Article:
Nightbringer | The Arthurian Online Encyclopedia


The Hwicce were a people and territorial kingdom in Anglo-Saxon England during the early medieval period. The Hwicce inhabited an area that roughly corresponds to the modern counties of Worcestershire, Gloucestershire, and parts of Warwickshire and Herefordshire in present-day England.

The Kingdom of Hwicce was situated in the fertile lands of the Severn Valley, with its heartland around the modern city of Worcester. The kingdom’s boundaries changed over time, and it was known for its agricultural productivity.

Early Period
The Hwicce are believed to have emerged as a distinct group in the Anglo-Saxon period, which began in the fifth century. Their name, Hwicce, is of Old English origin. The exact circumstances of their formation and early history are not well-documented, but it is likely that they were part of the larger Anglo-Saxon migrations and settlements in England.

Integration into Mercia
The Hwicce were located in the region between the larger Anglo-Saxon kingdoms of Mercia to the north and west and Wessex to the south. They were considered a sub-kingdom within the Mercian overkingdom. Over time, the political dynamics in the region changed, and the Hwicce may have become more closely integrated into the Kingdom of Mercia.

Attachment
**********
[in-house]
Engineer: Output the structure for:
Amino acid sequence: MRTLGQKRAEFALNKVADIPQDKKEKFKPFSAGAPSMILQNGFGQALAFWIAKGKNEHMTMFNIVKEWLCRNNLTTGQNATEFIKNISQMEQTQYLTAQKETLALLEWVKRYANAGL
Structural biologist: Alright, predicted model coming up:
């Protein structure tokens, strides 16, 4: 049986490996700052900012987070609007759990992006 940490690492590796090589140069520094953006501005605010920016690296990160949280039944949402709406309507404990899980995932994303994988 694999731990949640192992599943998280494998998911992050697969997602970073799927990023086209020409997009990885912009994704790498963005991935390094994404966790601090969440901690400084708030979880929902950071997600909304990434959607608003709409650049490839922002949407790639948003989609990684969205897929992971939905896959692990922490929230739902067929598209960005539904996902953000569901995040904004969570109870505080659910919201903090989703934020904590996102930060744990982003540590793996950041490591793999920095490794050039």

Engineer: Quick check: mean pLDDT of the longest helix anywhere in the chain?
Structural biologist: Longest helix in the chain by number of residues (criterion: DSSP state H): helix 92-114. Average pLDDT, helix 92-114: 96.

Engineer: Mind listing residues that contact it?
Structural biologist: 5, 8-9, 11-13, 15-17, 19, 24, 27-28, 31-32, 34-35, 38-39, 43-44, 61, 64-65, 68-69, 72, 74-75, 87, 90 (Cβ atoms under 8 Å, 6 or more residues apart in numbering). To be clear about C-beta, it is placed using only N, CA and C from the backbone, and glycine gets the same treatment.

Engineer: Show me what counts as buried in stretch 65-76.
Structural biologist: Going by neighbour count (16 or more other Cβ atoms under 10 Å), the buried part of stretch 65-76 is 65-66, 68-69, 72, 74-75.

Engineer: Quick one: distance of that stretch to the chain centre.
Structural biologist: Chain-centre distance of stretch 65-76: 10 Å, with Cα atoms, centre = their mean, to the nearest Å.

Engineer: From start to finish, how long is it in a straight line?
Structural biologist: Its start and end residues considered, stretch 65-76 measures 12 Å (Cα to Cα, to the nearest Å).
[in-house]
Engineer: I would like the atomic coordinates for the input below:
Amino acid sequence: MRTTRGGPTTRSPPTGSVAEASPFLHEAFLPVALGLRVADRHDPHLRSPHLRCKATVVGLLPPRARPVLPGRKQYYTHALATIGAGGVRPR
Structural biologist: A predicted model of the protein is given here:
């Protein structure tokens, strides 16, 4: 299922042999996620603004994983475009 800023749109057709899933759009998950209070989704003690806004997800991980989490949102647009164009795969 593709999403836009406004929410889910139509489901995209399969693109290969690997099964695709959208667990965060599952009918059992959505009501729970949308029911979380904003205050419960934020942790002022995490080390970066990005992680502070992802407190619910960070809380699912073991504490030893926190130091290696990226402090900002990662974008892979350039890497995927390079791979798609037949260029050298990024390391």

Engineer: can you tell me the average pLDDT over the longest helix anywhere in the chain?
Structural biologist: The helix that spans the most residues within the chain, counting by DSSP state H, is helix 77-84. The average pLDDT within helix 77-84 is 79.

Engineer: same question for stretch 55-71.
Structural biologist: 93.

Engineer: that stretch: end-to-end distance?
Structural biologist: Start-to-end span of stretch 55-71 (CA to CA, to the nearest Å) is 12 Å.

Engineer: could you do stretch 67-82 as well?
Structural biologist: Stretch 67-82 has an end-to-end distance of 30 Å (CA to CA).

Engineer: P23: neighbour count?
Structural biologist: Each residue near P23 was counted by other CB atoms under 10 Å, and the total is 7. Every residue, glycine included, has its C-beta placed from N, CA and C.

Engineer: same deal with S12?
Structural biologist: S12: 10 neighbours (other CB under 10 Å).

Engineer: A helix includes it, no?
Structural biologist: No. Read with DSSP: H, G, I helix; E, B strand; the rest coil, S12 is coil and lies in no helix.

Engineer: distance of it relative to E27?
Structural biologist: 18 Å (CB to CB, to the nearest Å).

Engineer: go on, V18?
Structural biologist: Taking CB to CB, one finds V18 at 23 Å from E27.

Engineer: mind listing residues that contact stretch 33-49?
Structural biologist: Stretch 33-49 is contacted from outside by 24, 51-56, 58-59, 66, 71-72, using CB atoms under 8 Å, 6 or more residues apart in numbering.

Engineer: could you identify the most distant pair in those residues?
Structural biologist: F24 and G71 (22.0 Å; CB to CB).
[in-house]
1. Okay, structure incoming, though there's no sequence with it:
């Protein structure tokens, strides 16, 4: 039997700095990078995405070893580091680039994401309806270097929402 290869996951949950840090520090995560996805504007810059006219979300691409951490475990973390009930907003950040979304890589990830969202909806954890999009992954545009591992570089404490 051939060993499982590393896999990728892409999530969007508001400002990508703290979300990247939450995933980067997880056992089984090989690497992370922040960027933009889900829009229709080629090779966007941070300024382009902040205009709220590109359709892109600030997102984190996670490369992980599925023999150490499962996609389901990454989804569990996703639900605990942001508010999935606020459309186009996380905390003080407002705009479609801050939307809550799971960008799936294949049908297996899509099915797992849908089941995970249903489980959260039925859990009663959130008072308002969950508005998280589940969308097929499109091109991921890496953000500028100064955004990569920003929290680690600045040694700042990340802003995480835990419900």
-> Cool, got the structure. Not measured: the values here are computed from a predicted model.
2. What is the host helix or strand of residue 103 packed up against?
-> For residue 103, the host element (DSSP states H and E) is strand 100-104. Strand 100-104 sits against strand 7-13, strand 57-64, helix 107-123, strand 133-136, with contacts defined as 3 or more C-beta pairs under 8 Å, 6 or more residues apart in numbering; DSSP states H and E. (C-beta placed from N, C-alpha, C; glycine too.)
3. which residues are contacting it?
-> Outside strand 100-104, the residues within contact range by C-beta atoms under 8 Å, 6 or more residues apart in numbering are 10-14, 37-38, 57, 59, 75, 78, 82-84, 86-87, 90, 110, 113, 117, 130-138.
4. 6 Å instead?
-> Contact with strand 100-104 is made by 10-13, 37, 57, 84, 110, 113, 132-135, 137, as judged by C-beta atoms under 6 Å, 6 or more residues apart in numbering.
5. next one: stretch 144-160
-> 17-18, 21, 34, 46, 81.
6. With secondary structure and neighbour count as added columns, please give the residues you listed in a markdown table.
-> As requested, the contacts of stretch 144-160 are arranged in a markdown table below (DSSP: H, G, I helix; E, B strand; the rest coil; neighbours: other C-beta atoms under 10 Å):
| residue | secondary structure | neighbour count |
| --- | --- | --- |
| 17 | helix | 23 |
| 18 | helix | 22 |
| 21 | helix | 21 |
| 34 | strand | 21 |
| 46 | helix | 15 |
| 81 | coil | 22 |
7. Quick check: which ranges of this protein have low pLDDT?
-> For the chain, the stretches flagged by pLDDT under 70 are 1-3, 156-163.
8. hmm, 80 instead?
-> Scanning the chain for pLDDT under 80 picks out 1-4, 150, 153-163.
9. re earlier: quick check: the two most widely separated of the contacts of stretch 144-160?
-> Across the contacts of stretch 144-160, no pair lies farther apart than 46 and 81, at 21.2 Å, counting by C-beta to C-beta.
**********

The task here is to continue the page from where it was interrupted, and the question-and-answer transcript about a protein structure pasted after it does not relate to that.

While part of Mercia, the Hwicce maintained some degree of autonomy. The relationship between the Hwicce and the Mercian kings could vary over time, and the Hwicce rulers likely had to balance local interests with obligations to the Mercian monarchy.

Ecclesiastical Importance
Worcester, located within the Hwicce territory, emerged as a significant ecclesiastical center. The establishment of a monastery and later a cathedral in Worcester marked its significance within the kingdom. The establishment of the diocese of Worcester in the seventh century contributed to the region’s importance in the religious life of Anglo-Saxon England. Monastic communities in the Hwicce territory played a role in the Christianization of the region.

Viking Invasions and Decline | 8th – 9th centuries
Like other Anglo-Saxon kingdoms and territories, the Hwicce likely faced challenges during the Viking Age, with raids and invasions affecting the region. The Vikings targeted monasteries and settlements along rivers, including Worcester. The decline of the Hwicce as a distinct political entity is not well-documented, but it is part of the broader pattern of political changes and territorial shifts during the Viking Age.

In response to Viking raids, King Alfred the Great implemented defensive measures, including the construction of fortified settlements known as burhs. Worcester was one of the burhs established during this time.

Integration into Mercia
Over time, the Hwicce became more closely integrated into the Kingdom of Mercia. By the ninth century, the distinctions between the Hwicce and Mercia proper became less pronounced.

Norman Conquest and Later Period
The Norman Conquest of England in 1066 marked a significant turning point in English history. The Hwicce, like other regions, came under Norman rule. The medieval and post-medieval history of the region, including Worcestershire and Gloucestershire, is characterized by developments such as the growth of towns, changes in land ownership, and social transformations.

Hwicce is pronounced as [hwit-chay] or [wee-che].